As I finished a draft of Perceval almost 2 years ago, I couldn’t shake ideas that flooded into my mind for a sequel. Two ideas were particularly insistent, i.e. that Evan would have something to do with children, and snippets from Bela Bartok’s Concerto for Orchestra seemed related somehow to Evan. I hadn’t thought of the Bartok for a long time. Both possessed a crisp clarity that signals something I need to pay attention to. So, I began writing notes, writing down every idea that popped into my head to see where it might lead me.
Over the summer of 2006, I gave Perceval a ruthless line edit. One day as I worked, all the ideas for a sequel swirled together into a coherent plan. I was shocked. Evan Quinn definitely had more to say. And who am I to tell a conductor that he can’t talk? As I began outlining the second novel (Perceval’s Shadow) which involved a child and a composer like Bartok, and continued to write down my ideas, I had another shock: I began to see the sequel as four sequels, each with its own challenge for Evan to overcome and lesson to learn, but even more than that. The novels formed not really a series in my mind but five parts of one very long novel.
Evan’s character arc begins in Perceval, and he develops in each subsequent novel until the arc comes to a resolution at the end of the fifth part or novel. This felt familiar to me. When I began the first novel, I’d thought I was writing a short story until I’d written about 100 pages, at which point, I realized I was writing a novel. This time, I’d thought I was writing one novel, when in fact I’d written the first part of a much longer novel which would have four more parts or novels. Over the last year, I’ve worked on outlines for the other novels and continued to be surprised how different characters took on lives of their own. During a workout last June, the climax of the fifth part/novel came to me — I could visualize the whole thing up to the moment before someone makes a life-or-death decision. I still don’t know what the decision is and probably won’t until I write that book.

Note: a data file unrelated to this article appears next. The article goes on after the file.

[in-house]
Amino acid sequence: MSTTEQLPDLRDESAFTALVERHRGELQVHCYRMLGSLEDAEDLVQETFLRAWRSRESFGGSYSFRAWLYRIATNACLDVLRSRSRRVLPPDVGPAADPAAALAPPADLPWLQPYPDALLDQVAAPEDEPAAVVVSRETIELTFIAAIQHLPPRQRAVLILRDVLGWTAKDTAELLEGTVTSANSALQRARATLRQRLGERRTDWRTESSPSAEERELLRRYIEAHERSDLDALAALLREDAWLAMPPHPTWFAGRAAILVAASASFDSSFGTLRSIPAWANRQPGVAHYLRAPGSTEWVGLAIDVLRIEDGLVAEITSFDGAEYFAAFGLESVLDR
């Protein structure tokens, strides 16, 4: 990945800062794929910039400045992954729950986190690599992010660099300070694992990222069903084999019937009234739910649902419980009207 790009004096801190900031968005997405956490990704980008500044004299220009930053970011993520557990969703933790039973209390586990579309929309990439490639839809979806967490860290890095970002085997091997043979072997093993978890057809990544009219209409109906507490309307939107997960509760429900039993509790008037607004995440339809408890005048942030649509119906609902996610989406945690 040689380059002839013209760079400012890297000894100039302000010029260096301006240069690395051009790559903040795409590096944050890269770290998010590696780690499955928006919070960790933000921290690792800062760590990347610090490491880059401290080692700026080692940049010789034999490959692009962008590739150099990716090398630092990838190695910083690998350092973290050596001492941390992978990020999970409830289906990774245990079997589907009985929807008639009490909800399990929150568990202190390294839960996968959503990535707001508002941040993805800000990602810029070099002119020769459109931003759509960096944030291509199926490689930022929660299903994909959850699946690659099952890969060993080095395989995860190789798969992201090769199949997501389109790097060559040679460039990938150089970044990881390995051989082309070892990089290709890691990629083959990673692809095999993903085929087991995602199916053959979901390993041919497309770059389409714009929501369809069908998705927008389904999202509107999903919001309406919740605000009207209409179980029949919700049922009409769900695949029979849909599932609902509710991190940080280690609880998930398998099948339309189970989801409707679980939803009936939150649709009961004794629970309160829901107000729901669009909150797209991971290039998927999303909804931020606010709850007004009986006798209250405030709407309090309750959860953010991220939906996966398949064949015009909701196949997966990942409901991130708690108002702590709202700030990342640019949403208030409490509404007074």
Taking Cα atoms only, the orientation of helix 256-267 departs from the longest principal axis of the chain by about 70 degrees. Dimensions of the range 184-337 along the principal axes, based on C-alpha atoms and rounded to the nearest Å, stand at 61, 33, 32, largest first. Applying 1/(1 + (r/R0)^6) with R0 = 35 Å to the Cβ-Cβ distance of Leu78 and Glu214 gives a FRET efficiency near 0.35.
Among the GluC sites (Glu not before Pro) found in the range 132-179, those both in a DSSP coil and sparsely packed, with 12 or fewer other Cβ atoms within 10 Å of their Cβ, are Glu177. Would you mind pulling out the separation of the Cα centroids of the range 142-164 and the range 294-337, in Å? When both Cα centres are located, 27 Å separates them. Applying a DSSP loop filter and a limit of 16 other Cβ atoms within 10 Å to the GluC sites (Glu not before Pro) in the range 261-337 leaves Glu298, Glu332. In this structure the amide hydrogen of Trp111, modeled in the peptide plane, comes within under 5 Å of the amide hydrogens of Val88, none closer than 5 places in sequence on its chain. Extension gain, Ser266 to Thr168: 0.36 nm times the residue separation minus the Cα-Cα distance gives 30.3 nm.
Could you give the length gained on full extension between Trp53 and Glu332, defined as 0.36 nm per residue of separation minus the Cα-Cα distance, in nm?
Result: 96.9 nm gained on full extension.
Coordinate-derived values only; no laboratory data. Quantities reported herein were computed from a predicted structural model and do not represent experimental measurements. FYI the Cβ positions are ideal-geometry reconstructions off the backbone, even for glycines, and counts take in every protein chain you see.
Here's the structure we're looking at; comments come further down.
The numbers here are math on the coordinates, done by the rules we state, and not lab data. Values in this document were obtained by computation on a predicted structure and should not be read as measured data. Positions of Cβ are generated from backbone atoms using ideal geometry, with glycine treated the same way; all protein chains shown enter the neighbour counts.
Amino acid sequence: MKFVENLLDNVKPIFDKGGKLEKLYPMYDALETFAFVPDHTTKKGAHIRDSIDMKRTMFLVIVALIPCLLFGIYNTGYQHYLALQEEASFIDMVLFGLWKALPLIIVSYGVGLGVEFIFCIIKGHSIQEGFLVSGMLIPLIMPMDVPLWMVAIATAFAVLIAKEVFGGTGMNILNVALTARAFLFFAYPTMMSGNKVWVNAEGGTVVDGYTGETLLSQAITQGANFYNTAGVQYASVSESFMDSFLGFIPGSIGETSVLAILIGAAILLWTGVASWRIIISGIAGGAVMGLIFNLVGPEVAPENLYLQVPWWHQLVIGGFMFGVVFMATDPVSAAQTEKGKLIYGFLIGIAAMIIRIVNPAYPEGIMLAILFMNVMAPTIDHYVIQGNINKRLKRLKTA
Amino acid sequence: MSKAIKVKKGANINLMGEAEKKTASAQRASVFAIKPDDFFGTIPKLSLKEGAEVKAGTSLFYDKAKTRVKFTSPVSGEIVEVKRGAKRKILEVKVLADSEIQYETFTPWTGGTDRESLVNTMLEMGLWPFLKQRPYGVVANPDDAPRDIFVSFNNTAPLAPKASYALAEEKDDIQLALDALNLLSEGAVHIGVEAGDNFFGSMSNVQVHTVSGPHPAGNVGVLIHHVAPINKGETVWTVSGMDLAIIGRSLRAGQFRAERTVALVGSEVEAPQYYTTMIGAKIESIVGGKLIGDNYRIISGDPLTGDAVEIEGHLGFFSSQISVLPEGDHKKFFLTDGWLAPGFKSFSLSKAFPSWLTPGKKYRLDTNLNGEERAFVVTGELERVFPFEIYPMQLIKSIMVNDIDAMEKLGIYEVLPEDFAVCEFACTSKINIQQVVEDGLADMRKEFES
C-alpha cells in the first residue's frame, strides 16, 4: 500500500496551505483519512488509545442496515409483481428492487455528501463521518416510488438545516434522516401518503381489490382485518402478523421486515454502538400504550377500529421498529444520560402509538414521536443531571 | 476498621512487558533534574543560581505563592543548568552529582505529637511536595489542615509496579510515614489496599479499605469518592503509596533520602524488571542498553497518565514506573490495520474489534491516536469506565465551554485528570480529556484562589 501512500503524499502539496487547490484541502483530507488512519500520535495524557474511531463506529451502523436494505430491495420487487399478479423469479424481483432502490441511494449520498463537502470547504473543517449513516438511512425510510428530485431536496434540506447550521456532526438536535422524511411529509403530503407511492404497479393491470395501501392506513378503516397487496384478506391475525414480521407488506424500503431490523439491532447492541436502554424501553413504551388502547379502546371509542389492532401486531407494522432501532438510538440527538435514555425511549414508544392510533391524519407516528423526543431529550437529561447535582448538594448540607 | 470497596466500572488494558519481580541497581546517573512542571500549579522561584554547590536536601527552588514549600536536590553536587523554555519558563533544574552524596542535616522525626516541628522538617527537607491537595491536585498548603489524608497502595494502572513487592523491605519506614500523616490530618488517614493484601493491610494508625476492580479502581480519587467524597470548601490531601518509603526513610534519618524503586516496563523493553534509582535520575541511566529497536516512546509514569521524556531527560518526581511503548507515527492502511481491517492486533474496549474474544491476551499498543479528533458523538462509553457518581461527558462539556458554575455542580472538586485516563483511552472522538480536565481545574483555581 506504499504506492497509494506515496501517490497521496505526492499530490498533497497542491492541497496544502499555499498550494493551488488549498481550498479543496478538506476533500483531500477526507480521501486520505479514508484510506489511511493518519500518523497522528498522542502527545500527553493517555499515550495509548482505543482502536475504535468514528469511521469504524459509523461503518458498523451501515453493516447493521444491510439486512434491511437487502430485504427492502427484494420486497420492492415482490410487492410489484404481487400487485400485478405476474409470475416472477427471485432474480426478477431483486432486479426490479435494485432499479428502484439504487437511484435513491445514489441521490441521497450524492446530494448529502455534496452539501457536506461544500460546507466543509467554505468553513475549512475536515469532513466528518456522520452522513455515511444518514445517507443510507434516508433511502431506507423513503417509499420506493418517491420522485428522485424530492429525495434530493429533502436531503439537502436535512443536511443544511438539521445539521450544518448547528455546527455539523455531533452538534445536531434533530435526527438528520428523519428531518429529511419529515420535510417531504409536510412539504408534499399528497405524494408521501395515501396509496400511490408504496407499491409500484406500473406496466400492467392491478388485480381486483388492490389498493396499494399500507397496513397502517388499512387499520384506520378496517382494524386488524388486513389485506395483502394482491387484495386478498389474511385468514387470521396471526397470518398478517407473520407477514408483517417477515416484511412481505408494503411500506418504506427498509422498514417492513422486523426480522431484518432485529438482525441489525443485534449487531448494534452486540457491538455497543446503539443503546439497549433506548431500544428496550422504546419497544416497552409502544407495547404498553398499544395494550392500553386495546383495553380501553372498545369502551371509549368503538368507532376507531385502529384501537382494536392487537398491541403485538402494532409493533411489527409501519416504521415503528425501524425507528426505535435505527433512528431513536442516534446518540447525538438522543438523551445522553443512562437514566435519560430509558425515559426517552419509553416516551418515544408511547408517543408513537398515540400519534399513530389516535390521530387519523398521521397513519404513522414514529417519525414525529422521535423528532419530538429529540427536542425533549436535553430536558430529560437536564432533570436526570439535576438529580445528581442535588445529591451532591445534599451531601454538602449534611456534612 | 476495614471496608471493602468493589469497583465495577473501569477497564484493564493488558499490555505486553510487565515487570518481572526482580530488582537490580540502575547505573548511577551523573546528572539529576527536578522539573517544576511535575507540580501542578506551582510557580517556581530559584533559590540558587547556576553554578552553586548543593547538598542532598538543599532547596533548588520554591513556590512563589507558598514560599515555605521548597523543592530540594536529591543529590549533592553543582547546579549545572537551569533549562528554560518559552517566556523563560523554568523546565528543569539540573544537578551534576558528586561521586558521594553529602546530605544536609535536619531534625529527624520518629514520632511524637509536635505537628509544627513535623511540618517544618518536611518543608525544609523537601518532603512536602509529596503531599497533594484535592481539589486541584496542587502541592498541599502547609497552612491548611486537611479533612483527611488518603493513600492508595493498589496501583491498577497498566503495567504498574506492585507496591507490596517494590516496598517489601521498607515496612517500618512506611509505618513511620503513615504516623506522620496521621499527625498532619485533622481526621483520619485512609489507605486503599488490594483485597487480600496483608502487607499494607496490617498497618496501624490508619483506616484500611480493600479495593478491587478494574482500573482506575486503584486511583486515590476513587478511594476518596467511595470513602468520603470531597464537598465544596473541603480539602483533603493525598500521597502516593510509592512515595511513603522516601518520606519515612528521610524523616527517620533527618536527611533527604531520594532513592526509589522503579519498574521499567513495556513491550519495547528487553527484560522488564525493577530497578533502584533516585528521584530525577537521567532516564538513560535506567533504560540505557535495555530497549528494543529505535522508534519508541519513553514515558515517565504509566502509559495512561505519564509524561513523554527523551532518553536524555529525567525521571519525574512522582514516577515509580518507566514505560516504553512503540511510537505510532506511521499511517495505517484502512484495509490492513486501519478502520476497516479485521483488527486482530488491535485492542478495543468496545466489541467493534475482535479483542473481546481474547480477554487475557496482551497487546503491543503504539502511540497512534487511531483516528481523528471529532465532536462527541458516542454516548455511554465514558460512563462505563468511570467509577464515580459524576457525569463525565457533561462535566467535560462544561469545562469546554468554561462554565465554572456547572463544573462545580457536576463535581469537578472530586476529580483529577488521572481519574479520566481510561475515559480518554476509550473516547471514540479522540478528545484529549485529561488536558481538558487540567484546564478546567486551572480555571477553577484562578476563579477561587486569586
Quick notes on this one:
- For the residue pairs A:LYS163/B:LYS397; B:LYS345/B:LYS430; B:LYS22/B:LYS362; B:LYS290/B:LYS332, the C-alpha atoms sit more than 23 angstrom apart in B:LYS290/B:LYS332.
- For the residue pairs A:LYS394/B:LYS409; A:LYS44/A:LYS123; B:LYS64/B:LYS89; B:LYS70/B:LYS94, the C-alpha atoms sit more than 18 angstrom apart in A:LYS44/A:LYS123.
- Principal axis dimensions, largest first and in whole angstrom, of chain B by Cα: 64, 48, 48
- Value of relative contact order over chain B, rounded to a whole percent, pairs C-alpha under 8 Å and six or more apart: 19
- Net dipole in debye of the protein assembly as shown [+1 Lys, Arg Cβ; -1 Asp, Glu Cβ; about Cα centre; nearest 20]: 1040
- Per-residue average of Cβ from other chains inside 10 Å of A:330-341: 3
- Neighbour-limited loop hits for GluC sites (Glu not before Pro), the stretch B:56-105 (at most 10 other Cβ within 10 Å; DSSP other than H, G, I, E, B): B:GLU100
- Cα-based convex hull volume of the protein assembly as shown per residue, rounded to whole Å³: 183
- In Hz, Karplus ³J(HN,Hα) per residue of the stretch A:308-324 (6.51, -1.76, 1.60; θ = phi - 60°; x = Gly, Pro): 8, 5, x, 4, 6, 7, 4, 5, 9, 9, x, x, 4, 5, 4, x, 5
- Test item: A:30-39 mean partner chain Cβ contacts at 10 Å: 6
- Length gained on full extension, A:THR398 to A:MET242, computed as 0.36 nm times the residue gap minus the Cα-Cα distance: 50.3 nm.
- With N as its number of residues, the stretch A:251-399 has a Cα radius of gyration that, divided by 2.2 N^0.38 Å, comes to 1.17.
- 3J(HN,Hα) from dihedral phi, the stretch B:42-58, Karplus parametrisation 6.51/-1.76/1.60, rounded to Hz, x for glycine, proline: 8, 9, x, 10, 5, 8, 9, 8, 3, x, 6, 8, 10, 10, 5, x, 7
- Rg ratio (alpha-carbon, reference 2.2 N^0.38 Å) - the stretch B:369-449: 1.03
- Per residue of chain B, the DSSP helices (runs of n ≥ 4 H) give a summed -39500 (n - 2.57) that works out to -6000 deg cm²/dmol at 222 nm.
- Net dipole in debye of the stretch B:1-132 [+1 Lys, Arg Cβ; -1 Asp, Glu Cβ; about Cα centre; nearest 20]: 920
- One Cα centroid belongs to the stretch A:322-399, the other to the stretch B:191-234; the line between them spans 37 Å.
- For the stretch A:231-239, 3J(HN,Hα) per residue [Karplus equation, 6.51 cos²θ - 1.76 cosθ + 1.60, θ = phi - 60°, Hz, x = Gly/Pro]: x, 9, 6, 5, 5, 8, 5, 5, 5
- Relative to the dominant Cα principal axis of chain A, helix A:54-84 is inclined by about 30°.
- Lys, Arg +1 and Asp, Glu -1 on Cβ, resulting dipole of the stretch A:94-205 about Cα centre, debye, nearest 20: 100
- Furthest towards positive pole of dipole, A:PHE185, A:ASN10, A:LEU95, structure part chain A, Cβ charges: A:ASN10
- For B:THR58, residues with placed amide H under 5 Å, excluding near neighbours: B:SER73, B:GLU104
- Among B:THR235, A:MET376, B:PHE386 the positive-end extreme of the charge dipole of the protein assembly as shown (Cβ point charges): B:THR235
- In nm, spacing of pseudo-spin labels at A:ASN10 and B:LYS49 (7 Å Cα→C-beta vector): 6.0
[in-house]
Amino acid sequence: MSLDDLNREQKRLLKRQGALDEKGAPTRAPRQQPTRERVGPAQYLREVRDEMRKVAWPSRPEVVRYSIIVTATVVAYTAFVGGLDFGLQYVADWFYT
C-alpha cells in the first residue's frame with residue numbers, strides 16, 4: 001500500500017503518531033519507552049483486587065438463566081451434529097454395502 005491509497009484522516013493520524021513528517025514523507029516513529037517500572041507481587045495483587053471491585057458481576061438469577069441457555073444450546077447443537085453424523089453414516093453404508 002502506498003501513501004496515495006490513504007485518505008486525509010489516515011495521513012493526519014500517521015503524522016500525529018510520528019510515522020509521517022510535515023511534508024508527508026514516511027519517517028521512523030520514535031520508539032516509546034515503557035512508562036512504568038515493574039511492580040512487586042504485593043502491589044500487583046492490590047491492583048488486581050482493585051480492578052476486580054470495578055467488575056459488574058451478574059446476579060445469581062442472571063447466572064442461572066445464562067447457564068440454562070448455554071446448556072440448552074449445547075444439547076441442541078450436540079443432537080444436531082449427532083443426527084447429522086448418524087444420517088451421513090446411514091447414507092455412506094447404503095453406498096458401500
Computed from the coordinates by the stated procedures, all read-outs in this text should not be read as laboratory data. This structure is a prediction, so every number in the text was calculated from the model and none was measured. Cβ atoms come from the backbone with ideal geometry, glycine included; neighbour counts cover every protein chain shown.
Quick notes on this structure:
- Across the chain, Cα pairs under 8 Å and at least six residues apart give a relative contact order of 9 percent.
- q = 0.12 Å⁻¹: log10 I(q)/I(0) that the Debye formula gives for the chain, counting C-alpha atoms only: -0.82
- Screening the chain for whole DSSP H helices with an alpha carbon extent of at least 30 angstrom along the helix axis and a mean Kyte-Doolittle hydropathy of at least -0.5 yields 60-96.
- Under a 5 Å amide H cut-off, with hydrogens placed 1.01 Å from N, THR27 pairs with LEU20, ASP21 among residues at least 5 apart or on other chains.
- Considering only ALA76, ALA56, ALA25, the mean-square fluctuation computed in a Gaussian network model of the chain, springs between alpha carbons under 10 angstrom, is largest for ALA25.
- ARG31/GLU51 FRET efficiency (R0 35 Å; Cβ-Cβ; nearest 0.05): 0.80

Fortunately, this is not without precedent. The example that comes to mind: When J.R.R. Tolkien wrote The Lord of the Rings, it was one long novel in three sections, each titled. For production and marketing purposes, his publisher, as I understand it, persuaded Tolkien to break the novel into three novels to be published separately. They called it a trilogy, but I suspect to Tolkien the three books always were one. And so it is with the Perceval novels — a quintet of novels, a pentology, a symphony in five movements — each novel to stand alone, but making up a greater whole.
It’s crazy. What if the first novel doesn’t sell well? I have faith that it will sell just fine, if given a chance. The more important consideration for me is to be faithful to the material, to Evan Quinn and his voice, his story, his tortured soul, and to write it all down the best I can.